The case against kosher salt

pete

Moderator
Staff member
4,509
998
Joined Oct 7, 2001
So in this context, kosher refers to the size of the grain. When you buy kosher salt, you know you’re getting a larger salt grain that is flat or pyramidal."
I don't know if it is a requirement, or not, for being called "kosher" salt, but all kosher salts that I know of (unless they have recently changed formulas) do not contain any additives such as iodine and anti-caking agents, and this is the primary reason I use it.
 
1,832
538
Joined Aug 15, 2003
It's ironic that humans spent literally 1000's of years in the pursuit of pure salt and invented ways to clarify and try and remove the impurities from mined and evaporated salt. Now we've come full circle where, for some reason, the purest of the pure forms of salt (i.e. kosher) is somehow seen as less desirable because now we want the impurities. It's really only in the last couple hundred years or so that salt has become as commonplace and pure as it has.

And yes, all salt is "sea salt" in the sense that it came from the sea at one point.

I assume I'm like most chefs here...I've mostly used kosher salt for almost all cooking in the kitchen, and only use the specialty salt for when I want to finish a dish...i.e. maldon salt, pink himalaya to finish a sliced steak for example.

I have shifted recently to a product called "Baleine" salt, which is a fine textured French sea salt. It comes in a blue container. I shake it right out of the container...I like it for what I do because it dissolves quickly on the stuff I am cooking. Doesn't really seem to have a "better" or more pure taste or anything. Has more to do with the size of the grains.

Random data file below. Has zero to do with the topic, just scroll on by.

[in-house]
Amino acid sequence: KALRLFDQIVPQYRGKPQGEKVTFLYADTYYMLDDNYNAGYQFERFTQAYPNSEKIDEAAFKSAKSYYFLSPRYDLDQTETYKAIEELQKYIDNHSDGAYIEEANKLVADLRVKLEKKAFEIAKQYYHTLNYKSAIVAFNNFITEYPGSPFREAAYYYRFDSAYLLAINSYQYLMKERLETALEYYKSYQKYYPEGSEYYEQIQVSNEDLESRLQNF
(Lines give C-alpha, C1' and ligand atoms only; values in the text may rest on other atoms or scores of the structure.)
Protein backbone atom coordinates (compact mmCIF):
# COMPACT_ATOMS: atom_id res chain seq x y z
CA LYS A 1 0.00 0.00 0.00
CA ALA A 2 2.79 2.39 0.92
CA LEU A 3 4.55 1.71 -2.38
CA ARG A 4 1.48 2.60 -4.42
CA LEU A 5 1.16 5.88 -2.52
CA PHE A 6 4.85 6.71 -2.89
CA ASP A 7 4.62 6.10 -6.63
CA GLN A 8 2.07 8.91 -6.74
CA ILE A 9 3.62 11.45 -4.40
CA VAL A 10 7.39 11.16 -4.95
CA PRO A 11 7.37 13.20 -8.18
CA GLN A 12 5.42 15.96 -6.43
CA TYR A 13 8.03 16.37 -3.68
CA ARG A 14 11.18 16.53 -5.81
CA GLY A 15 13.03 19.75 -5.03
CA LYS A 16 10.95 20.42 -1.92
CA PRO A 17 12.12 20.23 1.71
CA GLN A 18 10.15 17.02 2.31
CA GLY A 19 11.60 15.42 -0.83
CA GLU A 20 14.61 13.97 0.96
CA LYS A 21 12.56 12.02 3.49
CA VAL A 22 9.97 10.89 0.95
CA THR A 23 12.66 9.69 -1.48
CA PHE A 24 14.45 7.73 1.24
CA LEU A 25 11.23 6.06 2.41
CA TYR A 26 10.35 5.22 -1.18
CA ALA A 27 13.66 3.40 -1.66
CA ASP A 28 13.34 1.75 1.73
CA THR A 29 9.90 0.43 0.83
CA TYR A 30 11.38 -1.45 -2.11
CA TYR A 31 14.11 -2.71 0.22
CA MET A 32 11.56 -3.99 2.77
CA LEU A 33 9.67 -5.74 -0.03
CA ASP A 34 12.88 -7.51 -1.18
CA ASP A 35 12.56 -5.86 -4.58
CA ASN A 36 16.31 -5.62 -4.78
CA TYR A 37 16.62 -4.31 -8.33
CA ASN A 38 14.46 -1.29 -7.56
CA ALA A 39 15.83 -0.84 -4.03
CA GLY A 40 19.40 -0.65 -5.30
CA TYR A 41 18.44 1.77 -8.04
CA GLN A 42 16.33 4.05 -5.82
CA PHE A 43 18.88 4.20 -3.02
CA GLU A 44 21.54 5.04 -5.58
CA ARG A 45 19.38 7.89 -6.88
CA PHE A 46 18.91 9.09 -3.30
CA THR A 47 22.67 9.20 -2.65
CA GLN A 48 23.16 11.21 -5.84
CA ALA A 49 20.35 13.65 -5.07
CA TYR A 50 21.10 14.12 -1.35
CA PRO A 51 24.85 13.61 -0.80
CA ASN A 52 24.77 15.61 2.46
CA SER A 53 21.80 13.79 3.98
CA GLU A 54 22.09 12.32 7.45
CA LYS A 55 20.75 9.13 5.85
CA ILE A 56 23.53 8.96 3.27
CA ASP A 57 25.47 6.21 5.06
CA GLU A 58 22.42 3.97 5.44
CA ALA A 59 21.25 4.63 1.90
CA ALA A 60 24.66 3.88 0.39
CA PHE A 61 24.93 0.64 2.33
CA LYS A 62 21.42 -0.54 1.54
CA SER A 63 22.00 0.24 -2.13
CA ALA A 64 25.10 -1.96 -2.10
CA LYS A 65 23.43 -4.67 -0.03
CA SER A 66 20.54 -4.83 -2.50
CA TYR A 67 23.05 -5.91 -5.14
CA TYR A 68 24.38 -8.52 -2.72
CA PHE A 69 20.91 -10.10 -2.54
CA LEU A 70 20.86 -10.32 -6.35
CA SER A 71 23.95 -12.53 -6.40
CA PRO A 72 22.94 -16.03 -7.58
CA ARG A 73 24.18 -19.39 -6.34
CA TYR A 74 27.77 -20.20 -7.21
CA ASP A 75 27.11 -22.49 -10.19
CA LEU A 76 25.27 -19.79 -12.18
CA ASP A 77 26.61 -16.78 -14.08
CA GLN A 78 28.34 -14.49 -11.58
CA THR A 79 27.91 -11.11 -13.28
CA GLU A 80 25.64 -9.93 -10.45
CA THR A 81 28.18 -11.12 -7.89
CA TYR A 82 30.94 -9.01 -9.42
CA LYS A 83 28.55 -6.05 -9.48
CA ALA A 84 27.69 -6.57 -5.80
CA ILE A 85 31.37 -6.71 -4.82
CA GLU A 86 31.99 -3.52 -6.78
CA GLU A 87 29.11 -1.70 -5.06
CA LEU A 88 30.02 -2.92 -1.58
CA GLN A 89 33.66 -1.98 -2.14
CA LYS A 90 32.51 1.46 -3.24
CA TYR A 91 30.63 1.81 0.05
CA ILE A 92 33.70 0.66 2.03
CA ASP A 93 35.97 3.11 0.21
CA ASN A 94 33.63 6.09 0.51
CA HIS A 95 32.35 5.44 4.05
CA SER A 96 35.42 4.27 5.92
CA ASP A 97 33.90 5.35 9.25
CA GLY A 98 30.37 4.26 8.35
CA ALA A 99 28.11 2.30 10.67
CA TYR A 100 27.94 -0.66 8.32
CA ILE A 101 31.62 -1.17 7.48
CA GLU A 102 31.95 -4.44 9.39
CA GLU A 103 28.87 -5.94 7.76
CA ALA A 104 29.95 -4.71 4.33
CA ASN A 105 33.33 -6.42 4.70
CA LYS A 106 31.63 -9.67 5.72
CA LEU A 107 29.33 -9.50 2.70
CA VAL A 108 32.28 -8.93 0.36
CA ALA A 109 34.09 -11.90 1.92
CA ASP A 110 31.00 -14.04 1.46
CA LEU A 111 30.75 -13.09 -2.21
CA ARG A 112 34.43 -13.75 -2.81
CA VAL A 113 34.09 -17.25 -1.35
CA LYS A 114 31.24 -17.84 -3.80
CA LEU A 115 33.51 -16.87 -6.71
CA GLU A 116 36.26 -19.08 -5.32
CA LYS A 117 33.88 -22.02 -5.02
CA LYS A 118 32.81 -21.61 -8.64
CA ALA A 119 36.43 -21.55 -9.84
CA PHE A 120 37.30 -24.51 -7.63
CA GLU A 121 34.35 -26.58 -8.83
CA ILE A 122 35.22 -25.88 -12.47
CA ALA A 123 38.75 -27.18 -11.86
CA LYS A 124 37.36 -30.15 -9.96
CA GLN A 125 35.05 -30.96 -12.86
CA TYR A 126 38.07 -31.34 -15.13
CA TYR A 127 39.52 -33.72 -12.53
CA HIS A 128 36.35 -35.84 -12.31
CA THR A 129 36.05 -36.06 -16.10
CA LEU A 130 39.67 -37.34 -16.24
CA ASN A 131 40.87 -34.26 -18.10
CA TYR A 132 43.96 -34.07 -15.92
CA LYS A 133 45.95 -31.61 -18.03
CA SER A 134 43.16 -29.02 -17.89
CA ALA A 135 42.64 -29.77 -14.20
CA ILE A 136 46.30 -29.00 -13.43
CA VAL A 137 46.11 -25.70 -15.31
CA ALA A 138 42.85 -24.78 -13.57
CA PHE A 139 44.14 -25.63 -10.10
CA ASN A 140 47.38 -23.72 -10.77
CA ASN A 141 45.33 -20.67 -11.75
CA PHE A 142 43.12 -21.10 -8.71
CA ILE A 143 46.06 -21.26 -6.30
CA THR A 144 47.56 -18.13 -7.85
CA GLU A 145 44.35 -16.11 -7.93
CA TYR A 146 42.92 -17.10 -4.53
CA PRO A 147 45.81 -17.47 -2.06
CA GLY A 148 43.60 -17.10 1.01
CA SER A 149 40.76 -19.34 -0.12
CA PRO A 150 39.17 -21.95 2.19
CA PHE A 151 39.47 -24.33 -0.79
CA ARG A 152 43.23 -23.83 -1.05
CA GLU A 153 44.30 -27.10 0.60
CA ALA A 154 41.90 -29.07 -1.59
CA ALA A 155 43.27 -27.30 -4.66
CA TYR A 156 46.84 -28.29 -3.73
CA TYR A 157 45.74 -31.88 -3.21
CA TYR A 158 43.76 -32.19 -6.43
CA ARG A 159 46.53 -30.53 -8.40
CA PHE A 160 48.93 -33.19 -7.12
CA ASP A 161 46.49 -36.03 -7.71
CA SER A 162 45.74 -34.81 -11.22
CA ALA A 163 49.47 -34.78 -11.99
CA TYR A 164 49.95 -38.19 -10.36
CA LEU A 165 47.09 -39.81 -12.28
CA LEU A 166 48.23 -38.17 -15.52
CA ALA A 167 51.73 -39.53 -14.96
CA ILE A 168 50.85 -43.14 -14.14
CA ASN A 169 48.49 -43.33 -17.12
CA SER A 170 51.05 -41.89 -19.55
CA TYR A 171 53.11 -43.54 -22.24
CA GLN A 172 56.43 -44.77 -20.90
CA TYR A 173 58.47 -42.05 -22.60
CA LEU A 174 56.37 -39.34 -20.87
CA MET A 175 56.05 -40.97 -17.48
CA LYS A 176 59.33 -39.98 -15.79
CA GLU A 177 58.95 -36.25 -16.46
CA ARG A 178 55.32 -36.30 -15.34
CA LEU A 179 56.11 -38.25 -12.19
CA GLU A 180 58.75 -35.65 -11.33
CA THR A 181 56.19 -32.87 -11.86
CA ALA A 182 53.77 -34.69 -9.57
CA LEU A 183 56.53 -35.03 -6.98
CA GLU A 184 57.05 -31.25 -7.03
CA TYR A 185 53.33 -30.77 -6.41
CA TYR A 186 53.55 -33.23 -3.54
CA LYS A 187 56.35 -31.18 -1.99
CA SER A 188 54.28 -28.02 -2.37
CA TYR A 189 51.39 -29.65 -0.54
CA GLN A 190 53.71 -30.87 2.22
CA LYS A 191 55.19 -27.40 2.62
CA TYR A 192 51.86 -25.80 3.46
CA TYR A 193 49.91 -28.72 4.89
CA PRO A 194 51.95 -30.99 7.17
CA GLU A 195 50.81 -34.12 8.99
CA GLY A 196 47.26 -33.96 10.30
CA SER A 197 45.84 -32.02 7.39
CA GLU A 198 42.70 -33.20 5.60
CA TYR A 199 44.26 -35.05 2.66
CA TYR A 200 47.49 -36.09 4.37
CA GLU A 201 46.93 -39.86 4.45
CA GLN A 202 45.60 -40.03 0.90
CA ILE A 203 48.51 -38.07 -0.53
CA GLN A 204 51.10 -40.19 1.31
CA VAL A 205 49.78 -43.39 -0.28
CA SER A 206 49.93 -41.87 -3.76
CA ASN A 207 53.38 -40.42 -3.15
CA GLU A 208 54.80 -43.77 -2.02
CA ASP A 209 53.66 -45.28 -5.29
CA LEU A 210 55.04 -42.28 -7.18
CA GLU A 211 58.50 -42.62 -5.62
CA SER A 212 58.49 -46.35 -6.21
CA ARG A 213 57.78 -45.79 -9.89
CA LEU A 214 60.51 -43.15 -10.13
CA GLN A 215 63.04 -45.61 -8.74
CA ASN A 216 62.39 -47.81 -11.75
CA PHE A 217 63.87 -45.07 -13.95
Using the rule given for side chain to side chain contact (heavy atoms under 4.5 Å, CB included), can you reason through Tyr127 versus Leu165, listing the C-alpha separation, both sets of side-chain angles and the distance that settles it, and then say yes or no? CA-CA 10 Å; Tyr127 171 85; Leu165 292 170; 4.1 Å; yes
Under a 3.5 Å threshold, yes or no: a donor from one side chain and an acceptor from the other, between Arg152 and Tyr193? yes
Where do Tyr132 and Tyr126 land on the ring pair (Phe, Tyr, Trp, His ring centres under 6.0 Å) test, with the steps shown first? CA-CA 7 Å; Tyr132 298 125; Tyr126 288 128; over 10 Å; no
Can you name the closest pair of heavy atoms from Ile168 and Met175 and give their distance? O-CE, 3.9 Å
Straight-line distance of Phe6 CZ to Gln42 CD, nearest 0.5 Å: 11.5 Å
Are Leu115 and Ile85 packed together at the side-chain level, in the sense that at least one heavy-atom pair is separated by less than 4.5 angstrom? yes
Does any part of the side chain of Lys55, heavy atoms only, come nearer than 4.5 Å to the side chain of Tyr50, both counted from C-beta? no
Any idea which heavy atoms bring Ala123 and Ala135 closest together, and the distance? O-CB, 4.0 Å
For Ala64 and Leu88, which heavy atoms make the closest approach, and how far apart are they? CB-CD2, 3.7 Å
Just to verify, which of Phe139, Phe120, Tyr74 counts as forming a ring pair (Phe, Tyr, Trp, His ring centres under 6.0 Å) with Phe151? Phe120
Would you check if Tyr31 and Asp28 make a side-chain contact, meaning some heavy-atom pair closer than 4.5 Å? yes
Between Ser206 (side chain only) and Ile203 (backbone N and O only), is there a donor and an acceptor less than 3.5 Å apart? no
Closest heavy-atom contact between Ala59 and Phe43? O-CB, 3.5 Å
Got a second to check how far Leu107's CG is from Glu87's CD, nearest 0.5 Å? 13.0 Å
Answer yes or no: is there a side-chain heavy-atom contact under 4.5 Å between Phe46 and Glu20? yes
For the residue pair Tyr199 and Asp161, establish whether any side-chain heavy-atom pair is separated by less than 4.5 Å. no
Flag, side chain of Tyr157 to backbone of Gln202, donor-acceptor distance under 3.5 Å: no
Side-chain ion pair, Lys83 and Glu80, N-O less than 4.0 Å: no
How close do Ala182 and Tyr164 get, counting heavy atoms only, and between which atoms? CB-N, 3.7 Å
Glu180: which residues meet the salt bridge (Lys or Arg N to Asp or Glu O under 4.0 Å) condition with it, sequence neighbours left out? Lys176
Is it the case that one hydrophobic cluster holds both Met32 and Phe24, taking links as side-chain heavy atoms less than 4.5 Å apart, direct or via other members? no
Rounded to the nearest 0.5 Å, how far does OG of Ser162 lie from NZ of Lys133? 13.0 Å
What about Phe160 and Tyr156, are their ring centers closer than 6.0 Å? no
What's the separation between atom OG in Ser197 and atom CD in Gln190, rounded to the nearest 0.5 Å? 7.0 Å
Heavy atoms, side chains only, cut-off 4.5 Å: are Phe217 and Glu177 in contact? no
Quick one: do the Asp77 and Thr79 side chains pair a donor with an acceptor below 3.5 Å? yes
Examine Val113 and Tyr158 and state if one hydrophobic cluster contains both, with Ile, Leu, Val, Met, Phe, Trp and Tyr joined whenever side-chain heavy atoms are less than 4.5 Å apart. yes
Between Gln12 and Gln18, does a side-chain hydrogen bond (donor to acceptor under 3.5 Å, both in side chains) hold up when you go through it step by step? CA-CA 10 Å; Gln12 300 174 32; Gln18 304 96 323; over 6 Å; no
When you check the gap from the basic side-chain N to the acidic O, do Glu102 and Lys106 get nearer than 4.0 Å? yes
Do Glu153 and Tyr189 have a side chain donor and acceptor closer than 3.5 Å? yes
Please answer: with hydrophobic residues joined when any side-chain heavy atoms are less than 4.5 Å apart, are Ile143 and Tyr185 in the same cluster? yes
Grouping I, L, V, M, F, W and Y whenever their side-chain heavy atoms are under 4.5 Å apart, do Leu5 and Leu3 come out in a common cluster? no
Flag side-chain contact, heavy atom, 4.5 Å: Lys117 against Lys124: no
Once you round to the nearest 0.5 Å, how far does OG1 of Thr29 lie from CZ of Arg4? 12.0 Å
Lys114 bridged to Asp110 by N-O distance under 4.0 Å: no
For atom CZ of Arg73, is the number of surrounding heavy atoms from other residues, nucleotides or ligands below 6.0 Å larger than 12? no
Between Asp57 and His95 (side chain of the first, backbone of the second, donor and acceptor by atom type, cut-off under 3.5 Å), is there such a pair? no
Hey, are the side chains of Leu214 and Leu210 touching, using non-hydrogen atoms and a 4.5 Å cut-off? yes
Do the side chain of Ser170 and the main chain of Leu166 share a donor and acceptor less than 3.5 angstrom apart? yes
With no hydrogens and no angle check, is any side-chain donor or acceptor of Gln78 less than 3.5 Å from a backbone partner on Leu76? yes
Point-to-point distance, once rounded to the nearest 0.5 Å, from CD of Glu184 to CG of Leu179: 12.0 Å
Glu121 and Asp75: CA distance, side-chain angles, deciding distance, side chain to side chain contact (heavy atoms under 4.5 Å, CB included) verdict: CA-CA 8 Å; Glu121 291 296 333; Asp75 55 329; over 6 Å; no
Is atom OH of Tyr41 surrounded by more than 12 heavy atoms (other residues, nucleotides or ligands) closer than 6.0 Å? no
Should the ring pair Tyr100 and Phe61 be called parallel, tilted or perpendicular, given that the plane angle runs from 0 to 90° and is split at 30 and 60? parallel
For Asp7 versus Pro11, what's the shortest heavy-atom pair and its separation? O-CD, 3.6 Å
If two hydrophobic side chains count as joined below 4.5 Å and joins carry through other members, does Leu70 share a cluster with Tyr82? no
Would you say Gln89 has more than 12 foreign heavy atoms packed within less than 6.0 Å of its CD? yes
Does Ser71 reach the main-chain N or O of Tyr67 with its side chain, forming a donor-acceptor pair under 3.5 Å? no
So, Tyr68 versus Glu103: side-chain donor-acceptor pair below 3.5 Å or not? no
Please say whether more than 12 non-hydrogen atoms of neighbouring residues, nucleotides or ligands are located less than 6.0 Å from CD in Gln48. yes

There is a great book out there called Salt: A World History that is actually really amazing. If any of you haven't read it I suggest picking it up. His other books are fantastic as well.

EDIT: (I tried putting a link to amazon in my post but maybe the site deleted it?)
 
4,043
857
Joined Dec 18, 2010
I don't know if it is a requirement, or not, for being called "kosher" salt, but all kosher salts that I know of (unless they have recently changed formulas) do not contain any additives such as iodine and anti-caking agents, and this is the primary reason I use it.
Apparently it's not a requirement since Morton Kosher salt has both anti-caking additives and a designation on the box: "Kosher for Passover, with the circle-U mark". Interestingly, though, my box of Morton has large cakes in it. :)
 
4,043
857
Joined Dec 18, 2010
Someday... I have not yet read that book (it's on my retirement reading list should I live long enough to retire). That story is right up there with (I believe his other books that you mentioned) "Cod" and "Pencil", the complete histories of... Fascinating reading that few can appreciate.
 
1,832
538
Joined Aug 15, 2003
Someday... I have not yet read that book (it's on my retirement reading list should I live long enough to retire). That story is right up there with (I believe his other books that you mentioned) "Cod" and "Pencil", the complete histories of... Fascinating reading that few can appreciate.

I can't recommend it enough. You'll enjoy it. Apparently after he did all his research for and had written "Cod," there was enough there for him to write a dedicated book about Salt as well, since until recently the vast majority of cod (and fish in general) was salt cod and the two are inexorably linked.
 
285
143
Joined Dec 30, 2015
I cook with sea salt, Himalayan salt, gray salt, etc., etc. because of the flavor and the mineral content. I've never thought of less processed salt as contaminated. In my mind less processing = good.

Interesting topic.
 

dogfood

Banned
27
9
Joined Mar 3, 2018
I use a plethora of different salt types.. Windsor pickling salt is my fave now..it's actually flake-like
Rarely, if ever, do I use Kosher though..due to the price & depending on the brand..may or may not contain weird-ass anti-caking additives (was always told it was not good for fermentation)
 
Last edited by a moderator:
Top Bottom